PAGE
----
Democratic candidate Edward Cullen said that if elected he would “stay out of it.”
“I’ve been in Jesuit schools my entire life. I’m deeply Catholic and think we should respect every religion and let the schooling they think is best for their community stand,” Cullen told the Post.
Pepitone also noted he would not take action to boost secular education in yeshivot.
“There are a lot of intersections where government and religion should not cross. This is one of them. The Orthodox community should have say, and the mayor should not get involved,” he said.
A nonprofit organization that advocates for reform at city yeshivot said elected officials should take a hands-on approach to education.
“Educational neglect in ultra-Orthodox yeshivas is a major civil rights issue. It is the duty of New York City’s next mayor and all elected officials to enforce the long-standing law that mandates nonpublic schools provide an education that is substantially equivalent to what is offered in public schools,” Naftuli Moster, executive director of Young Advocates for Fair Education, told the Post.
“Investigations into these schools and first-person accounts from countless parents and former yeshiva students, including myself, reflect the harrowing impact of the lack of secular education. By 2030, hassidic children will make up 30% of Brooklyn’s youth. The next administration cannot turn a blind eye to their suffering,” Moster continued.
MOST OF the candidates reached for comment said they condemn the Boycott, Divestment and Sanctions movement and would consider visiting Israel during their term, if elected.
“Israel is an ally of the United States and New York City. I strongly oppose any boycott of Israeli products. We must promote Israeli companies and make it clear that they have an ally in New York City. I would be outspoken against any boycott,” said Pepitone.
“New York City is so diverse, and it’s especially important that we open our arms to Israel. New York City should be the leader in this country in opening its arms to Israel. I’ve never been to Israel but have always wanted to go. Without question, Israel would be one of the first places I’d visit if elected,” he continued.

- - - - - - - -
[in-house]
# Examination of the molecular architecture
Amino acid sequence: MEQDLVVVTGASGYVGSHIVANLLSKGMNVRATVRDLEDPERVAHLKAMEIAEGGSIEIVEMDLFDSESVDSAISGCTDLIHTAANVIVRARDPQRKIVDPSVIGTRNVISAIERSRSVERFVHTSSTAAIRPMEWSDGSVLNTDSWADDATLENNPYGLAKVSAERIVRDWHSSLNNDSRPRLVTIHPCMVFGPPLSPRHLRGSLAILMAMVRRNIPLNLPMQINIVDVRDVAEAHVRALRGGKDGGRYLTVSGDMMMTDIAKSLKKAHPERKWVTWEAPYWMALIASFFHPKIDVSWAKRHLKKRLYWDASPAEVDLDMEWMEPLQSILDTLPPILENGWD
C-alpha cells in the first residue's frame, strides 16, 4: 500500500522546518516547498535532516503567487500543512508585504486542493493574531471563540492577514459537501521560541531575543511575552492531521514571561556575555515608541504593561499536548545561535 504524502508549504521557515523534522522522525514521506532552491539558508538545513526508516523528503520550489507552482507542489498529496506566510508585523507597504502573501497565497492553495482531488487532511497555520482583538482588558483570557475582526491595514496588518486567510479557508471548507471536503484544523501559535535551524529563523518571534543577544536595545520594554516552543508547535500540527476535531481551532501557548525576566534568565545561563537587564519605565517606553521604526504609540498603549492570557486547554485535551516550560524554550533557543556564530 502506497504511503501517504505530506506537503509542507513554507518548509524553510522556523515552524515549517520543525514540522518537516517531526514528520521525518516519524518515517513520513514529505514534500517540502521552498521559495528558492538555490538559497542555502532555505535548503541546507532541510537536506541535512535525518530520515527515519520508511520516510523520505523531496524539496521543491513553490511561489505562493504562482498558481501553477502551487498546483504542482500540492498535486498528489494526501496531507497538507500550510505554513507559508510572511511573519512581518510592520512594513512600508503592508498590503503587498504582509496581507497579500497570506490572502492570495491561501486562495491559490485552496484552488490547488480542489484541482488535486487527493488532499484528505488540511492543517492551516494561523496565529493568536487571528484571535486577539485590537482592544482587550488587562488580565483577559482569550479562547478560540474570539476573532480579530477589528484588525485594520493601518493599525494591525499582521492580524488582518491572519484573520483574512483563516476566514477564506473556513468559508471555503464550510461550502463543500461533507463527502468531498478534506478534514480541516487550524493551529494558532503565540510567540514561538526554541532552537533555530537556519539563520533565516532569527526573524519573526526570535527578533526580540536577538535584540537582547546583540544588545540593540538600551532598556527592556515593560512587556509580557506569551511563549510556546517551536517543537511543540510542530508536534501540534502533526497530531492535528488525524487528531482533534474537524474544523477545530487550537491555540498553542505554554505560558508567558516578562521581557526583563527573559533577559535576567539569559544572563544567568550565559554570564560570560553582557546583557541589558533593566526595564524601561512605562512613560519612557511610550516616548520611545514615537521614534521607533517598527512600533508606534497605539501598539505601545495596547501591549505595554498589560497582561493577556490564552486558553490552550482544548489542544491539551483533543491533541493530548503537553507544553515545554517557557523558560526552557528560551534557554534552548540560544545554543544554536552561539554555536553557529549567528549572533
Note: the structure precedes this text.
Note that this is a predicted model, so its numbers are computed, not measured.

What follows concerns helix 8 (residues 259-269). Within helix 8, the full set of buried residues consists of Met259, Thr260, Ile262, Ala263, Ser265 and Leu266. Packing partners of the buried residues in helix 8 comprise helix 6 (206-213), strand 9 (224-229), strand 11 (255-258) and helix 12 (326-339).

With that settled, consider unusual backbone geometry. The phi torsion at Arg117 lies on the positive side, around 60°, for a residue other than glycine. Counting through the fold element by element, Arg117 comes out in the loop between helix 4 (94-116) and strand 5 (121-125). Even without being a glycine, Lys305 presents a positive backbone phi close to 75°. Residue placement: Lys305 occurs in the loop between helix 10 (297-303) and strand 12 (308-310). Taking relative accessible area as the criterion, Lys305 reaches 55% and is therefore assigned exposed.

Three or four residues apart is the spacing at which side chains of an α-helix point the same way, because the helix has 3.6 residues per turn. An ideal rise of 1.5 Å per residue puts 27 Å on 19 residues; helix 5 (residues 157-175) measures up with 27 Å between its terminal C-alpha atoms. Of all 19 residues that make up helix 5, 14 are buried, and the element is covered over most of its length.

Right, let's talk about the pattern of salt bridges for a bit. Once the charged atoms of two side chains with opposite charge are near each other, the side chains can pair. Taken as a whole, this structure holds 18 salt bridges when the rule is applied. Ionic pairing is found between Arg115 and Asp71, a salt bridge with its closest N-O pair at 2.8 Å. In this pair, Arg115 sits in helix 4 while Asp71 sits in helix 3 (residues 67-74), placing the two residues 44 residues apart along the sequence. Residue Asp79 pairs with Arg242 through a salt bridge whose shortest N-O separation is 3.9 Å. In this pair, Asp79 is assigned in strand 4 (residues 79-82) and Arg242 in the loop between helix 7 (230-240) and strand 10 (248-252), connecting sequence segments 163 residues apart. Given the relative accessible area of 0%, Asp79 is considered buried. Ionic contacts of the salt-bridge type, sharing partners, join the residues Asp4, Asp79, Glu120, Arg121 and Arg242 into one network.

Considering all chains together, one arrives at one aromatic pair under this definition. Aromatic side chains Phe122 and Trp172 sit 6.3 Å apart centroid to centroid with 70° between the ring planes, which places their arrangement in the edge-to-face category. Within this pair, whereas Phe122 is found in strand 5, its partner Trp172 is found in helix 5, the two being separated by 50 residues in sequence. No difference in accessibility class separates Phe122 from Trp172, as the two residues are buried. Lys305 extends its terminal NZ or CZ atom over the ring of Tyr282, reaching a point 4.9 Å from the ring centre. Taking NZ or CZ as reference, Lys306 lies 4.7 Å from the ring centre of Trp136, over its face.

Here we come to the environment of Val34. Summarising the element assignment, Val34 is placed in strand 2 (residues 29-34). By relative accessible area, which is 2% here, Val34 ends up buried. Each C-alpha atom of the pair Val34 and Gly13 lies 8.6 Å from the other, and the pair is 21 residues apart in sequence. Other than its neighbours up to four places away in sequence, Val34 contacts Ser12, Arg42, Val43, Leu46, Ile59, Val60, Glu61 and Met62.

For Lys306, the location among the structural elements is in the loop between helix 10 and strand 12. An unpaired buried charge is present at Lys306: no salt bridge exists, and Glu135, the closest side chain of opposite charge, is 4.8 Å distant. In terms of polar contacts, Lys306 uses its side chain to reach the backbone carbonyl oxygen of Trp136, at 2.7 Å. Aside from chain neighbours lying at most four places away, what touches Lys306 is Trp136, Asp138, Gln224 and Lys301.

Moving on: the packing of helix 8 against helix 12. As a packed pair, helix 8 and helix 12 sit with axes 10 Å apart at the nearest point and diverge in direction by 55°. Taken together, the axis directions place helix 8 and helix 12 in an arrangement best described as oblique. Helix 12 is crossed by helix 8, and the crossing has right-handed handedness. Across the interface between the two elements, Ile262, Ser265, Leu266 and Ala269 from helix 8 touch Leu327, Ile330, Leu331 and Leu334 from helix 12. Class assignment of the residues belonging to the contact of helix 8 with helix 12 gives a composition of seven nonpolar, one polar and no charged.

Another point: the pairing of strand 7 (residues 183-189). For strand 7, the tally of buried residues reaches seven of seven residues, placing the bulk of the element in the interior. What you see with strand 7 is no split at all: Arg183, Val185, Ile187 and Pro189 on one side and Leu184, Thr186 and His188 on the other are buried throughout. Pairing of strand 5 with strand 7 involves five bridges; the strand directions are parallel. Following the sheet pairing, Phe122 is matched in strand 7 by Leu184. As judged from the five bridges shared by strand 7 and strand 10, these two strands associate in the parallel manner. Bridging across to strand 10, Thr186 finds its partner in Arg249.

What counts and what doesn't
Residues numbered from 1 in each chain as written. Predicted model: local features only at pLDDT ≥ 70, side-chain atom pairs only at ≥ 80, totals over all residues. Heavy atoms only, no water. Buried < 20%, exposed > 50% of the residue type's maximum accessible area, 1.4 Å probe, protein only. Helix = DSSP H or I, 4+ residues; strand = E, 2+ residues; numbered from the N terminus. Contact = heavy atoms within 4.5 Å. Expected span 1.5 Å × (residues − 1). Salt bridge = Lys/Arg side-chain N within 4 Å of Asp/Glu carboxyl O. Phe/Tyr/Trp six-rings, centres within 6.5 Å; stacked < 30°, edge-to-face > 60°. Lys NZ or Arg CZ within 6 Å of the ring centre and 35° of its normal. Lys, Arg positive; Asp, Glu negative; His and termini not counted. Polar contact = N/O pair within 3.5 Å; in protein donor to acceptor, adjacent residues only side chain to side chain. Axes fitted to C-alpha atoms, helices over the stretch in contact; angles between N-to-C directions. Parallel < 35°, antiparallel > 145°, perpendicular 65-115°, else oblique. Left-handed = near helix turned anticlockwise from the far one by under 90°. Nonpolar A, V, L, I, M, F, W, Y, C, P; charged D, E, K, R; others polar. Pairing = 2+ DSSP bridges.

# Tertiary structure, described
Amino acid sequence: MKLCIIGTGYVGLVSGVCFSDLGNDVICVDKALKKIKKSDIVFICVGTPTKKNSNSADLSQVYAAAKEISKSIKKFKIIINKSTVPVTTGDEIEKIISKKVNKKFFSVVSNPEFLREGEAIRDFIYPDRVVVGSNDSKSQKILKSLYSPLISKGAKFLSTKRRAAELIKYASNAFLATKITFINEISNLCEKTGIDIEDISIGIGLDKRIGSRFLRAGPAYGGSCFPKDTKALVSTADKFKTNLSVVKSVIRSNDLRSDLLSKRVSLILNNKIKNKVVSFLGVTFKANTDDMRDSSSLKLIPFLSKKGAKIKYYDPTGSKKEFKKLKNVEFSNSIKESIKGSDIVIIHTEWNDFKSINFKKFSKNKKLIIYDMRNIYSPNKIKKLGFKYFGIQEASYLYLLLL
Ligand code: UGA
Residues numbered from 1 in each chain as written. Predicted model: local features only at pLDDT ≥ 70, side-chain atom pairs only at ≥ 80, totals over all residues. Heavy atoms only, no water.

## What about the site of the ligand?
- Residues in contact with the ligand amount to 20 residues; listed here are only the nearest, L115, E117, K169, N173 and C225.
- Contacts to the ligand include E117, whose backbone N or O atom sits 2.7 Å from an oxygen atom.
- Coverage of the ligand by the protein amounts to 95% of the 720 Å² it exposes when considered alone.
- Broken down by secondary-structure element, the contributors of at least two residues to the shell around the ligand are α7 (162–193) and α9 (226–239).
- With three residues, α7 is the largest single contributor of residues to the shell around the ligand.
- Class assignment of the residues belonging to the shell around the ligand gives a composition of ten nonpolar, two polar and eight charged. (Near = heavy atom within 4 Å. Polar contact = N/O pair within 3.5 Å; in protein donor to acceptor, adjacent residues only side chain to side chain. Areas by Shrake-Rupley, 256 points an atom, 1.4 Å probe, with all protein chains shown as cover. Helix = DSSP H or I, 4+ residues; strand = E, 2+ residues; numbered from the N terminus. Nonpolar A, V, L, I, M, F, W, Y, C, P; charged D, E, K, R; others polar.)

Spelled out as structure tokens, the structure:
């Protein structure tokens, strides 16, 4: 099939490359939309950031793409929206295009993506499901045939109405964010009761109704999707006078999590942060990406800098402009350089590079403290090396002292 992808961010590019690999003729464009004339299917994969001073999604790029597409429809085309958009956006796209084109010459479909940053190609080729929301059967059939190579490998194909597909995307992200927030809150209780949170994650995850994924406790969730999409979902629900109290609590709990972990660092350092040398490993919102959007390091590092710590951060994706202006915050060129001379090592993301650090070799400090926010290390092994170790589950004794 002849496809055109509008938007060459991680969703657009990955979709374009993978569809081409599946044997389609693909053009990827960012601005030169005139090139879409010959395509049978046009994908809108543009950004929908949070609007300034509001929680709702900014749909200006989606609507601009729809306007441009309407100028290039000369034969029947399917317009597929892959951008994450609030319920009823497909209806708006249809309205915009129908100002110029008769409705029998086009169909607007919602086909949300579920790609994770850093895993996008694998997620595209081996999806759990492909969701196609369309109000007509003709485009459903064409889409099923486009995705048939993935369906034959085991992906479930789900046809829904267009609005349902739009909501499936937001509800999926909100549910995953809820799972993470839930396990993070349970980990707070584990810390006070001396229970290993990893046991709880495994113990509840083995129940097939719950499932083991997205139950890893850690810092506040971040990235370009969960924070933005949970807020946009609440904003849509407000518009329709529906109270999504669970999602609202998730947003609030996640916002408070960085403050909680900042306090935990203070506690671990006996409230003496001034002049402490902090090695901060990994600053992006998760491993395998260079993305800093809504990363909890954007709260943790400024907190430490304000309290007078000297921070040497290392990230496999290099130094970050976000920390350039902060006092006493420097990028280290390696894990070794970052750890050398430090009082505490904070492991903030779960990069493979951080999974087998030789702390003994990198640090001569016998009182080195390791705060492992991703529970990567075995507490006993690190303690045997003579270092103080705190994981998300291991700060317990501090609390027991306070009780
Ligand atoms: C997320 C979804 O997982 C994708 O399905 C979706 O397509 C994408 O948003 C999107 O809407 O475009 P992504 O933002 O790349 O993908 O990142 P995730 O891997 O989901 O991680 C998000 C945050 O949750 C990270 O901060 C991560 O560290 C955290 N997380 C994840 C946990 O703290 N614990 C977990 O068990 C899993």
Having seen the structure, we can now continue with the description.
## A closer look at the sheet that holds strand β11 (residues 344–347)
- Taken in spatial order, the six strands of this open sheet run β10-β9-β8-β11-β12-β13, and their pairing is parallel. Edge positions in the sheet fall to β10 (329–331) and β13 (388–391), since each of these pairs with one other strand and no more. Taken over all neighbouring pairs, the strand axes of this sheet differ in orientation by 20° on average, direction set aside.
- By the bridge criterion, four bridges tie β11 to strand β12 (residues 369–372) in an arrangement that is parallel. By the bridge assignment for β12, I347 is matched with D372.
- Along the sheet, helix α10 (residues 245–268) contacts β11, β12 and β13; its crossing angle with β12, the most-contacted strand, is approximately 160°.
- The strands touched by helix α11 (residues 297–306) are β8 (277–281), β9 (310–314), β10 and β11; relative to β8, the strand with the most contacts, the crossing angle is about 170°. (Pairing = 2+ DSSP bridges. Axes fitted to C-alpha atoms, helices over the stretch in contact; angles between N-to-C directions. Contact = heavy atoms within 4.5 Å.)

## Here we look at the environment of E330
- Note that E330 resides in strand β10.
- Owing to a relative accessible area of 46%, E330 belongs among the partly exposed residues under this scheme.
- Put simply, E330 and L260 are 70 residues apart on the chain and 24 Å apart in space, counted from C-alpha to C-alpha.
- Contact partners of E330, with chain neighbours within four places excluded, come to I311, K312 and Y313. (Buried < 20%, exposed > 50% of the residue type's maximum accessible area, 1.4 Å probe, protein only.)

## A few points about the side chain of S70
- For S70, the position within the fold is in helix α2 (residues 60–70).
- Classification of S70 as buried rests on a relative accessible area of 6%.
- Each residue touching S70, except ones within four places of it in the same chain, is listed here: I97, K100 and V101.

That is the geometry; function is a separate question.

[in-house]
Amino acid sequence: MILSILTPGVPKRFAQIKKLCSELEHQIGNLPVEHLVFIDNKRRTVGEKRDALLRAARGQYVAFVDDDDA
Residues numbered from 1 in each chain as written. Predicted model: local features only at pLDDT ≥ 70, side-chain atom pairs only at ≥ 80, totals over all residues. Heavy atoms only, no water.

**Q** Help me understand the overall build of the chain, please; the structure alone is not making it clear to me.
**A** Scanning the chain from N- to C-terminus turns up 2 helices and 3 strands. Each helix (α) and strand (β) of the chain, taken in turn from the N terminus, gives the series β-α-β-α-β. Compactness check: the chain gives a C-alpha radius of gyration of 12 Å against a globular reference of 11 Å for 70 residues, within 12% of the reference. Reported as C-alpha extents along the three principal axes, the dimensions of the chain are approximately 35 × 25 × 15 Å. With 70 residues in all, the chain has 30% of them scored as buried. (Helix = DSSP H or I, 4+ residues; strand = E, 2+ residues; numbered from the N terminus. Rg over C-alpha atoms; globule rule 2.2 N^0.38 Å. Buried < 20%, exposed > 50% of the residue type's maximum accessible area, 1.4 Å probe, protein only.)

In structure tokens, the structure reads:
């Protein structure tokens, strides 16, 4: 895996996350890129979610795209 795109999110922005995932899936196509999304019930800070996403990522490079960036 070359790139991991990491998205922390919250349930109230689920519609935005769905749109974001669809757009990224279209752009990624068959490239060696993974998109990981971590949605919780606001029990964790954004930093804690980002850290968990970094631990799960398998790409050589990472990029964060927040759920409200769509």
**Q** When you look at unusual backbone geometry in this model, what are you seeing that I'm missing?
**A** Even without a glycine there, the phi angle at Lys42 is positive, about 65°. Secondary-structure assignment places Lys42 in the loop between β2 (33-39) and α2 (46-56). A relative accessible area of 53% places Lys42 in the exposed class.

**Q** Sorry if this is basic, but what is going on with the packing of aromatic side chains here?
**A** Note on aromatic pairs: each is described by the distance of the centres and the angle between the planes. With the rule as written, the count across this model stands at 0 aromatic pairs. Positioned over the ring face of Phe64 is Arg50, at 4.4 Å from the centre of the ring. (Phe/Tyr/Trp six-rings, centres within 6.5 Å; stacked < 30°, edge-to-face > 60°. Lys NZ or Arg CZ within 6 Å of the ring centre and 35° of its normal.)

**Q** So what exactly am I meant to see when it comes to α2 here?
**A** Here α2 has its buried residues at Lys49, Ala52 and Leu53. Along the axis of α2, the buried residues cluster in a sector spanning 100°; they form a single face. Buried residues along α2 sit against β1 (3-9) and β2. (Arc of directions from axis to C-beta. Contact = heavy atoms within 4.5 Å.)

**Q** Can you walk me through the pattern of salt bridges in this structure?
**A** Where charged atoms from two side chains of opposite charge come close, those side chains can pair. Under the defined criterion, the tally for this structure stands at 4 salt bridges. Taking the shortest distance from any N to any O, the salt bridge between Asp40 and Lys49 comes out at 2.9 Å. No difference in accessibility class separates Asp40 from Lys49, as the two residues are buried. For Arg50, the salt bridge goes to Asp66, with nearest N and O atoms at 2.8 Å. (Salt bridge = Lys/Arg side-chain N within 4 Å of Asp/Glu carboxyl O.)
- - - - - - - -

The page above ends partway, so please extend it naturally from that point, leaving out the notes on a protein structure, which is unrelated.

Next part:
Garcia echoed the alliance between New York City and Israel.
“Not only am I unequivocally opposed to the BDS movement, but as mayor I look forward to expanding opportunities for economic partnerships and knowledge sharing between New York City and the State of Israel,” the Democratic candidate said.
Wiley said that while she is not a supporter of the BDS movement, she encourages the right to protest.
“As a civil rights attorney, I support all people’s first amendment right to protest and boycott. This includes BDS,” Wiley told the Post.
Wiley said she would consider a trip to Israel as mayor, but it is not her first priority.
“My first duty is to represent the 8.5 million people who live within New York City – no matter their nationality, religion, race or creed. While I do not intend to travel abroad frequently, I will certainly consider a trip to any country, including Israel, if that will allow me to better understand my constituents,” she said.
Carlos Menchaca, a leading Democratic mayoral candidate and member of the New York City Council in Brooklyn, said he wouldn’t travel internationally as mayor at all.
“I would not consider visiting Israel. I should stay in the City of New York, a city in incredible crisis right now,” he told the Post.
Menchaca was the only candidate interviewed who said he did not support the 2016 executive order by Gov. Andrew Cuomo that required state agencies to divest themselves of companies and organizations that support BDS. As a city council member, he voted against the resolution, citing his history as a Mexican immigrant as helping him understand the importance of boycotts for people in danger.
“An organization choosing to boycott Israel is not a reason for the City of New York to cut ties with that organization,” he said.
But Menchaca also said that as mayor he would listen to and consider the needs of all New Yorkers, including the Orthodox.
“I think a lot about the power of municipal government. As a council member, I’m holding 15 different smaller, medium-size and larger communities that include the Orthodox Jewish community, the Mexican community and a growing Chinese community,” he continued.
“What mattered most in my time as a council member was being on the ground and listening. Beyond that, it’s about creating a place for people to come together and practice democracy with their neighbors – even if they don’t go to the same place to worship, even if they don’t speak the same language.”